We didn't see as many insects as we would have liked as the weather took a turn for the worse after such a promising start. When we got up at about 11am (we were having a lazy day) it was hot and sunny, but when we were ready to go out it had clouded over and the wind had picked up. By the time we had finished our walk it was starting to rain.
The best location we found was a bare patch of ground on a footpath, which had obviously been kept clear of vegetation by the many visitors to the reserve over the last weeks, months and years. Despite this disturbance there were many holes in the ground which bees and wasps had dug to make their nests. Here we saw Grey Mining Bees and another bee of the genus Sphecodes.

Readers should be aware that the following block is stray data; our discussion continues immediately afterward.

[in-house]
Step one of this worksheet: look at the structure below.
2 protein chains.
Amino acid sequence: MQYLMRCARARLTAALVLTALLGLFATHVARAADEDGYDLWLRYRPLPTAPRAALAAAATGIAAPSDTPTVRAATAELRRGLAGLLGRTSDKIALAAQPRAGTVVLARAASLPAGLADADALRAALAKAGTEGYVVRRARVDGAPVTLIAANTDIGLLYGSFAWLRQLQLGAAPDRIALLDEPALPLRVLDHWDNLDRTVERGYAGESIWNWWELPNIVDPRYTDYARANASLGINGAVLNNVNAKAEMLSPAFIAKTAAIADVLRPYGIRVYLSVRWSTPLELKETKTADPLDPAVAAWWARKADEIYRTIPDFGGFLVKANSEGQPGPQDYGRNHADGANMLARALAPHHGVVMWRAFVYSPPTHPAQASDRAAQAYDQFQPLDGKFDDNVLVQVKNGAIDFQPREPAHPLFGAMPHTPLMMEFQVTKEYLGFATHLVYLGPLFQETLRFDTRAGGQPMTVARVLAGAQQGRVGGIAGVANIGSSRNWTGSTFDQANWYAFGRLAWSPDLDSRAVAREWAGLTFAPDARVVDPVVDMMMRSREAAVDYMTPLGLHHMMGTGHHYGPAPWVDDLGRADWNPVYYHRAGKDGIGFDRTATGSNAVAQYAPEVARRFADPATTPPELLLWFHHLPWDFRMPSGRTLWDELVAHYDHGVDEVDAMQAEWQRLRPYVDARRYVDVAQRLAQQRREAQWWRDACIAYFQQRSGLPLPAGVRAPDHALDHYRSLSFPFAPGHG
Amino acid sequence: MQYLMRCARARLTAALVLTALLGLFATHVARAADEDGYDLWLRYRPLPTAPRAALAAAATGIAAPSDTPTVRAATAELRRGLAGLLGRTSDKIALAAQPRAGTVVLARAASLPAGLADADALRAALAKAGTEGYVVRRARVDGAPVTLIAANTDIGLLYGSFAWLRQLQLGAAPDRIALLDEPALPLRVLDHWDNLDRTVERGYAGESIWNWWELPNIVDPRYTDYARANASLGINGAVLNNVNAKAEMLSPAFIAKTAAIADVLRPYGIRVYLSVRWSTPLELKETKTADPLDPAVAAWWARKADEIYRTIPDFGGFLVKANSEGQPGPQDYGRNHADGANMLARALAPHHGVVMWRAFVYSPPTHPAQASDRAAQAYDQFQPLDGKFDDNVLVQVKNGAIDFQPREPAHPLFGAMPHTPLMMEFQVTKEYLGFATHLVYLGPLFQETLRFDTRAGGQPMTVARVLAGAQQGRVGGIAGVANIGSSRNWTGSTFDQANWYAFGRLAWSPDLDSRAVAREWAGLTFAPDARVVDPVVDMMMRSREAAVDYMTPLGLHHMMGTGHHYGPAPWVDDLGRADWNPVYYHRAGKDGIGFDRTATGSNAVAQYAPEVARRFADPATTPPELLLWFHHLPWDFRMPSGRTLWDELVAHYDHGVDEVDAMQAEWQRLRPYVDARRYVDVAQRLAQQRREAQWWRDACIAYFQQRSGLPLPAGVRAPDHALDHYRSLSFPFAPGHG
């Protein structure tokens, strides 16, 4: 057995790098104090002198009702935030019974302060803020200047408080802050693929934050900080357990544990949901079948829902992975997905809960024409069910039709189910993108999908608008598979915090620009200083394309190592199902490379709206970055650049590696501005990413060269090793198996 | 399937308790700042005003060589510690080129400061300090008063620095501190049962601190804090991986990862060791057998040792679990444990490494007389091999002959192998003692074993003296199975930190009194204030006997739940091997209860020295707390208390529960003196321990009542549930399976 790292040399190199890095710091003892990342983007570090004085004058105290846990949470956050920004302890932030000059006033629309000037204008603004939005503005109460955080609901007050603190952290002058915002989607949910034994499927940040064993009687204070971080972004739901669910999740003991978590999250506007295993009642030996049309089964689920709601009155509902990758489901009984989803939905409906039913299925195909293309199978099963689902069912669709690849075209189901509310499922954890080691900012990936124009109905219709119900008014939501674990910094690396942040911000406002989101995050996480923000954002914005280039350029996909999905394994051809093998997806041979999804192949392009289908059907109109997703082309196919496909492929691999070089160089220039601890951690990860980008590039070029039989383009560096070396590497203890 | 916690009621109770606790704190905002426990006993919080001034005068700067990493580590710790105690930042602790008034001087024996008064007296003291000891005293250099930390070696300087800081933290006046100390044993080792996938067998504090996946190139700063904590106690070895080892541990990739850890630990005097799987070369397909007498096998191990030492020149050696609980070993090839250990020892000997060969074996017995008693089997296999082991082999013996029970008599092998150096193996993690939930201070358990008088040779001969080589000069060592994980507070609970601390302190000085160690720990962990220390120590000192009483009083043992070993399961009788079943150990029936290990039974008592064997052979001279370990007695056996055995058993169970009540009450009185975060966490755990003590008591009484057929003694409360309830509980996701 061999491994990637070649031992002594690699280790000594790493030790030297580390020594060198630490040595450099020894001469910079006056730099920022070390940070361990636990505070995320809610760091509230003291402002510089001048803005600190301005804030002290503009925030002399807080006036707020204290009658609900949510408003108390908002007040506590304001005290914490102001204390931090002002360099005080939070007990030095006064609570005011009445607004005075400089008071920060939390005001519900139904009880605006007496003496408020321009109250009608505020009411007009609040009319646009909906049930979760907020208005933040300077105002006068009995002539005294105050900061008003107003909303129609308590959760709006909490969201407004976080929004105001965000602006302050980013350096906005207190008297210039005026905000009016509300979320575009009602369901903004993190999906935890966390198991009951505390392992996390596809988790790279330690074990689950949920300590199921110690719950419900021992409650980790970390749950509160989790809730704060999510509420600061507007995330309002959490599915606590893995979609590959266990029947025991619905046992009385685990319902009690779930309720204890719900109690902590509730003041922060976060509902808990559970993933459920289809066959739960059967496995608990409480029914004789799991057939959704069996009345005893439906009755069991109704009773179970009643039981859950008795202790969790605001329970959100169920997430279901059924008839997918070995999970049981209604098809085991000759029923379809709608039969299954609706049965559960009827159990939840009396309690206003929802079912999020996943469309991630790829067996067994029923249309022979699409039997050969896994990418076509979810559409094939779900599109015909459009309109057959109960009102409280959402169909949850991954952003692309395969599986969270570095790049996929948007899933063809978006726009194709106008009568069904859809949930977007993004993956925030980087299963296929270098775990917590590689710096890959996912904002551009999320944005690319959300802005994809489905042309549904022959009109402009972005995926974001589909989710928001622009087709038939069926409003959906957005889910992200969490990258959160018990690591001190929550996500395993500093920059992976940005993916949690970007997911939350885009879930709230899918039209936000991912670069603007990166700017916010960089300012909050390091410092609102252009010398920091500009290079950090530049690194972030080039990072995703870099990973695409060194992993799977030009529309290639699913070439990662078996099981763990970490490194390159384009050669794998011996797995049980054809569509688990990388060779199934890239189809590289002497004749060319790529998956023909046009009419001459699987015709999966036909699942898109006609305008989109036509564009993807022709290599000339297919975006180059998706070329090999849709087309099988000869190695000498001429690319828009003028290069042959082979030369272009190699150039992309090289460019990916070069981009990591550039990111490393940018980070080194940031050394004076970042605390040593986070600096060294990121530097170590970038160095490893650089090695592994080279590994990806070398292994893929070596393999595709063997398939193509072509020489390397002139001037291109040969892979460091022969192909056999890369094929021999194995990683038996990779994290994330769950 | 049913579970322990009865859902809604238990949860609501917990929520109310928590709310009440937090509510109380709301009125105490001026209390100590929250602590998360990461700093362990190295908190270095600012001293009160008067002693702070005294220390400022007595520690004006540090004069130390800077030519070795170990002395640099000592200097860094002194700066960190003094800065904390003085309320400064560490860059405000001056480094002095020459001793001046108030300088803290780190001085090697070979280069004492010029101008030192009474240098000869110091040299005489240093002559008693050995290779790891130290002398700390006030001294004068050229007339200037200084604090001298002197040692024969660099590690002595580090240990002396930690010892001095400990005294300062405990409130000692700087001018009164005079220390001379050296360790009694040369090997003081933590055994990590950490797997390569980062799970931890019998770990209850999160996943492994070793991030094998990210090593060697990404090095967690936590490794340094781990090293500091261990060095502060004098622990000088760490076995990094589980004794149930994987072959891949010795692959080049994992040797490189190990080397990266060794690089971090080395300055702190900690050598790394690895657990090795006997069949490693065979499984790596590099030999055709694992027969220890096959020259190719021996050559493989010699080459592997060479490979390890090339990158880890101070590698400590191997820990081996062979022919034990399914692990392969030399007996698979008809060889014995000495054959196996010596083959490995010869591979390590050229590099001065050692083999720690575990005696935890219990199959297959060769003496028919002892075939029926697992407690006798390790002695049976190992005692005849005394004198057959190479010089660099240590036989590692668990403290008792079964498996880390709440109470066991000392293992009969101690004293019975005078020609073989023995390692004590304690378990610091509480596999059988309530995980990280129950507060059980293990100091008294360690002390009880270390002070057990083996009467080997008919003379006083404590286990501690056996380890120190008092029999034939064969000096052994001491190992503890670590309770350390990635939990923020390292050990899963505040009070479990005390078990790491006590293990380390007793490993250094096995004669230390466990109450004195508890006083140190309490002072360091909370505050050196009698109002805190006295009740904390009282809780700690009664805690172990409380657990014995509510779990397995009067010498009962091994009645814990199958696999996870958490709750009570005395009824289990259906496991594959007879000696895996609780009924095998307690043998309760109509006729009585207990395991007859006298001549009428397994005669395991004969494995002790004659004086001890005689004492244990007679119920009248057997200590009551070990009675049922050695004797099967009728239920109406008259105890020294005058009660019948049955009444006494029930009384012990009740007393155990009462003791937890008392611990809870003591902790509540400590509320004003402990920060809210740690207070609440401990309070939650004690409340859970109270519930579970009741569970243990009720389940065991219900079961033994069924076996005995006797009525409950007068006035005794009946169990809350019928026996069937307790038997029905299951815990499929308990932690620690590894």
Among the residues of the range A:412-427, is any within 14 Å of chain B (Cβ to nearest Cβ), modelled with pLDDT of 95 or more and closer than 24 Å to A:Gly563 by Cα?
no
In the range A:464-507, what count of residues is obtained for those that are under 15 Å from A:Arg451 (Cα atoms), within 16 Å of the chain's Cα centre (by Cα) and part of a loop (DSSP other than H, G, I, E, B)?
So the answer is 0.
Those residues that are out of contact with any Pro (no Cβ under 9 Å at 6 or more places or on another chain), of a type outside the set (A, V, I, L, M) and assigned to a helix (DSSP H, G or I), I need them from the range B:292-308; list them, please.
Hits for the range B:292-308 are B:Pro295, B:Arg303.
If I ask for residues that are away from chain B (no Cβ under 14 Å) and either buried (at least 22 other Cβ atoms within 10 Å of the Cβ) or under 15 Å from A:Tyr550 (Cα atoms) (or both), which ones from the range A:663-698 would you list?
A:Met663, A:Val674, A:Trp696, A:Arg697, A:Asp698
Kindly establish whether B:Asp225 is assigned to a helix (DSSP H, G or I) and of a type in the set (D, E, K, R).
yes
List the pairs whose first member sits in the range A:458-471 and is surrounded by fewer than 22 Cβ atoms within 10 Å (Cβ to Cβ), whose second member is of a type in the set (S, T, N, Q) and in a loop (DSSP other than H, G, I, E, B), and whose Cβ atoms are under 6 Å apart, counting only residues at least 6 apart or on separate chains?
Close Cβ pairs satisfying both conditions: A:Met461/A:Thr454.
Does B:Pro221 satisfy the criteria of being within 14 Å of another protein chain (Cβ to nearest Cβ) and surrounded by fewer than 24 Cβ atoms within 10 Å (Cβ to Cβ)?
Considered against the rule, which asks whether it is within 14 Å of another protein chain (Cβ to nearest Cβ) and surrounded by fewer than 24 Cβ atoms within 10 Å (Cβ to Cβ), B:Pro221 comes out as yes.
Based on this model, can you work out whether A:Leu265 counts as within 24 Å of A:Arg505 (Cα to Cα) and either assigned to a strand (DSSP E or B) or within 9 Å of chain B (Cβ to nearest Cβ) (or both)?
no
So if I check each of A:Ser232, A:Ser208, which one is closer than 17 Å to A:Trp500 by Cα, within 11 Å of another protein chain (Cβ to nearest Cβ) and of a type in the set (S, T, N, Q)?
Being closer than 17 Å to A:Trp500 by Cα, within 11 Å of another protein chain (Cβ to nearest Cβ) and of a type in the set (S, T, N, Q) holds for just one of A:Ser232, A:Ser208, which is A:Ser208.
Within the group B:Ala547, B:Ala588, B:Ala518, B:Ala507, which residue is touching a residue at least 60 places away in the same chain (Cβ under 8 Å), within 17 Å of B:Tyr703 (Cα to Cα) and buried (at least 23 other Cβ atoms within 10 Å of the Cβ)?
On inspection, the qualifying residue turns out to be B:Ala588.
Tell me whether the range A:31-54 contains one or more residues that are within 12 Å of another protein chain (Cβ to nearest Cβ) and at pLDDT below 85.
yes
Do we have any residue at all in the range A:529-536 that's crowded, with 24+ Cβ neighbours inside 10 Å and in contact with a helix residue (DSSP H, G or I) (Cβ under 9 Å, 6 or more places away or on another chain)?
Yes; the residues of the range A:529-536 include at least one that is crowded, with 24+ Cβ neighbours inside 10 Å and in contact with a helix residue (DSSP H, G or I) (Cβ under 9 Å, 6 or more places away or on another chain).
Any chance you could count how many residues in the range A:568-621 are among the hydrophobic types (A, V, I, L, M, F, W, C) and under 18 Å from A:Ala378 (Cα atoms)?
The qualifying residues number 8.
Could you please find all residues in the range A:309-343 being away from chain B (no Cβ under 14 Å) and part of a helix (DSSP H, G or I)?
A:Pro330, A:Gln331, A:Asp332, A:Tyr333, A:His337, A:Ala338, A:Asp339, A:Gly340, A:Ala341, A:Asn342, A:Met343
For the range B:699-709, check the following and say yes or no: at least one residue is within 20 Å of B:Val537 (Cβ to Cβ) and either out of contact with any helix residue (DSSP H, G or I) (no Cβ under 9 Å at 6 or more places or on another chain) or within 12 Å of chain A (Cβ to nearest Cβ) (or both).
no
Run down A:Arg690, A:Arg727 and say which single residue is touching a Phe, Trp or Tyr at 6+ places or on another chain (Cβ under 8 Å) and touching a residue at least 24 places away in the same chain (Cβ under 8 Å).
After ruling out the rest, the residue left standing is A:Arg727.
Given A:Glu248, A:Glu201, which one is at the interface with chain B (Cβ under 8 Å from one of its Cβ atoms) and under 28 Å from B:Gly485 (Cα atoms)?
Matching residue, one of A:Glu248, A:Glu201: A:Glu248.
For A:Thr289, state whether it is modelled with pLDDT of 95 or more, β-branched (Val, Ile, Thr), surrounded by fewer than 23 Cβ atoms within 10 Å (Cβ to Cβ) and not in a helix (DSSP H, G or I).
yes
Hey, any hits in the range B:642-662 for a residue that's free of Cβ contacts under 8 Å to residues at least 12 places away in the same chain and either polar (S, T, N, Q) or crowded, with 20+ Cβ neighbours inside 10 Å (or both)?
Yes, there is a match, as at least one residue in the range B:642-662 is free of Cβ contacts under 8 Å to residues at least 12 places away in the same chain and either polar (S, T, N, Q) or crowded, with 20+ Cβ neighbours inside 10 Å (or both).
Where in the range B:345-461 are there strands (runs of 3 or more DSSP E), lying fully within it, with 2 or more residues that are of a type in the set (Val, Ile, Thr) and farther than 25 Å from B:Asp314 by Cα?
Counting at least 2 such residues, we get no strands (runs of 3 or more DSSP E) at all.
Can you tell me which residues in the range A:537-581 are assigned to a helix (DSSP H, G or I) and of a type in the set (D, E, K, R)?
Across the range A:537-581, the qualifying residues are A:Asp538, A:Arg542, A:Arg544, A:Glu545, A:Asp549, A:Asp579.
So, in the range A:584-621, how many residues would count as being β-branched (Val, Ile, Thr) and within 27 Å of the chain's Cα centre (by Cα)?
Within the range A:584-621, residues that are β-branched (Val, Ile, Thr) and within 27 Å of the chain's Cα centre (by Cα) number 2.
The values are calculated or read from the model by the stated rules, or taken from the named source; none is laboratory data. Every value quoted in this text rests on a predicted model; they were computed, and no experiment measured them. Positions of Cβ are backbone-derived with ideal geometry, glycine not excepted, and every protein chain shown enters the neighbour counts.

I think what also made this area ideal for bees was that it was on a warm SSW facing slope. Many mining bees seem to really like warm sunny areas, maybe because it helps to keep the soil dry?
The wardens at Highgate have also created some "Bee Beaches" but they didn't seem to be a hive of activity when we visited. It could be because plants had started to grow in what should have been bare ground or it could simply be that we were unlucky not to see anything buzzing around at the time.
In and around the same area of the Common we also found a Garden Chafer climbing up some grass. I also managed to get it to climb up my hand so I could get a closer look.
A Buff-tailed Bumble Bee landed on the footpath looking a little worse for wear. Despite the picture I don't think they like making there nests in bare, sandy ground like the Grey Mining Bee.
A little way further on our walk and we spotted a day flying moth. This was a Six-spot Burnet moth. These closely resemble Cinnabar moths but as the name suggests they are more spotty. It decided it liked the look of my jeans so I had to get Rebecca to take the photo.
I hope you enjoy the pictures.
Thanks for reading, John.